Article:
In the 1934 book, Becoming a Writer, Dorothea Brande discusses some of the dangers that often plague inexperienced writers:

“When the pitfall of imitation is safely skirted, one often finds that in the effort to be original an author has pulled and jerked and prodded his story into monstrous form. He will plant dynamite at its crisis, turn the conclusion inside out, betray a character by making him act uncharacteristically, all in the service of the God of Originals. His story may be all compact of horror, or, more rarely, good luck may conquer every obstacle hands down; and if the teacher or editor protests that the story has not been made credible, its author will murmur ‘Dracula’ or ‘Kathleen Norris,’ and will be unconvinced if told that the minimum requirement for a good story has not been met: that he has not shown that he, the author, truly and consistently envisages a world in which such events could under any circumstances come to pass.”

I see this all the time when I ask my high school students to write narratives. What starts off as an interesting story suddenly ends with a “surprise” twist: The starving orphan is actually the long-lost child of the city’s wealthiest citizen; the heroine’s disease is miraculously cured with an experimental drug; or worse yet, “I woke up and realized it was all a dream.” When I point out that these sorts of endings are not very convincing, the students counter, “But I wanted my story to stand out.”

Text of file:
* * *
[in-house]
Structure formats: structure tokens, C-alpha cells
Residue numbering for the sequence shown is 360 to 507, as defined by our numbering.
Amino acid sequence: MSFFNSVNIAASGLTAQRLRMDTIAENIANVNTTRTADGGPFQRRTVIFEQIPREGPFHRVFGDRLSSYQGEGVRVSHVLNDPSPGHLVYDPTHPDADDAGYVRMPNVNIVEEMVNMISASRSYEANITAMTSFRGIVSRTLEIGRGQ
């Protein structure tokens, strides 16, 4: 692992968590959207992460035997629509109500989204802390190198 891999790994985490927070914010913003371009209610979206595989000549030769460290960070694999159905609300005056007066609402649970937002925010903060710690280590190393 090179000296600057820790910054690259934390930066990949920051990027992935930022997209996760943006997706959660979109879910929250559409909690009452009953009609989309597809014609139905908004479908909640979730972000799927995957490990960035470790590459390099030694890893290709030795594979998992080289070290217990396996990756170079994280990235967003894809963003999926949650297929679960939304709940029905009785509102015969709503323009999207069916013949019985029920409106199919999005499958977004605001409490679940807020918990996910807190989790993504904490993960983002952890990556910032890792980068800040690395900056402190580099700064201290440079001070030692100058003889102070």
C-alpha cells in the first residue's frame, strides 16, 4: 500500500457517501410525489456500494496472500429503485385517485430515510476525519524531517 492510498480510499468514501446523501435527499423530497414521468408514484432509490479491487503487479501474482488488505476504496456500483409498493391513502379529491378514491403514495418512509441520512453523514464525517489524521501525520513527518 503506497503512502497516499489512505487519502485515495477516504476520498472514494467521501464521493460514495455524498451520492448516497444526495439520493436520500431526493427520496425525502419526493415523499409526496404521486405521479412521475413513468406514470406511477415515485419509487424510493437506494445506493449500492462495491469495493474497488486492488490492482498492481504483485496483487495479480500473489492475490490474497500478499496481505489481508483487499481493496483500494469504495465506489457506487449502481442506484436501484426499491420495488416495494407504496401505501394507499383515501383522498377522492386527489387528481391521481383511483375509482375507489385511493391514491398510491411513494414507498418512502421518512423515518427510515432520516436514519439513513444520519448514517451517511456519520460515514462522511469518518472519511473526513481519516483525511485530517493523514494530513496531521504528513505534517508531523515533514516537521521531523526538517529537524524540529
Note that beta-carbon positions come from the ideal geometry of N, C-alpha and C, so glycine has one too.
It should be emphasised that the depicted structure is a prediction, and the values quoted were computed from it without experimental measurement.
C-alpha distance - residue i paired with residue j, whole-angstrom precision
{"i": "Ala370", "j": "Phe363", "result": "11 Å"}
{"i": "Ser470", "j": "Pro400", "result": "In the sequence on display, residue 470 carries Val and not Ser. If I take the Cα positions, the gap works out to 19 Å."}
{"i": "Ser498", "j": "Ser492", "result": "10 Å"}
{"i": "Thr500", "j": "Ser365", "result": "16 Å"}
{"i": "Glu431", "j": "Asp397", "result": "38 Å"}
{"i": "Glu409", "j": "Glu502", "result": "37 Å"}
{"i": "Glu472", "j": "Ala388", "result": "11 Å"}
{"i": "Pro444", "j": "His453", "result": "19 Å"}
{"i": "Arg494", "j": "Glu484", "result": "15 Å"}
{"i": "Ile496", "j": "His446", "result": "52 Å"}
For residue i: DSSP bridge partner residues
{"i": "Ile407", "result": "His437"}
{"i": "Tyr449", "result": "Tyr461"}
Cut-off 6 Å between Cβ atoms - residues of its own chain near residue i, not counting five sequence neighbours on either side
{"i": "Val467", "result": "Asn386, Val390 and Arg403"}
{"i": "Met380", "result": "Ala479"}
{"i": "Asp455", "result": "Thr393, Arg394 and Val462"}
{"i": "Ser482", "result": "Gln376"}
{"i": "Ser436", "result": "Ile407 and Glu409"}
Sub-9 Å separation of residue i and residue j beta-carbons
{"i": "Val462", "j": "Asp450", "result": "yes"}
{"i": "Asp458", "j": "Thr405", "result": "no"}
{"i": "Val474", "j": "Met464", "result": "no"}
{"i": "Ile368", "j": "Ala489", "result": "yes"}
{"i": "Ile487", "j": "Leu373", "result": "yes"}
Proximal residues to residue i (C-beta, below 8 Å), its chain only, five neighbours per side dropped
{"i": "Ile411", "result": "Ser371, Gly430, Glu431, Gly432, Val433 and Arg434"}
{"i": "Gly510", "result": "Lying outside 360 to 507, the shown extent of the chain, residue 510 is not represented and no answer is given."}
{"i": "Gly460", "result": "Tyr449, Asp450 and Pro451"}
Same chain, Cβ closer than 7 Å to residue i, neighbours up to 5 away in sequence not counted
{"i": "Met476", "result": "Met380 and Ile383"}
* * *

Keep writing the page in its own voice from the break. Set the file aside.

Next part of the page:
Brande reminds writers that the key to originality is not distorting a tale into something unrecognizable. Rather, it is telling a story from your own perspective. “There is one sense in which everyone is unique. No one else was born of your parents, at just that time of just that country’s history; no one underwent just your experiences, reached just your conclusions, or faces the world with the exact set of ideas that you must have. If you can come to such friendly terms with yourself that you are able and willing to say precisely what you think of any given situation or character, if you can tell a story as it can appear only to you of all the people on earth, you will inevitably have a piece of work which is original.”

Remember what Agnes Mure MacKenzie says about originality in The Process of Literature: “Your loving and my loving, your anger and my anger, are sufficiently alike for us to be able to call them by the same names: but in our experience and in that of any two people in the world, they will never be quite completely identical.” This principle is true regardless of genre, and when you think about it, isn’t bringing individual experiences to life in an engaging and believable way the basis of all good—and original—art?

Know Thyself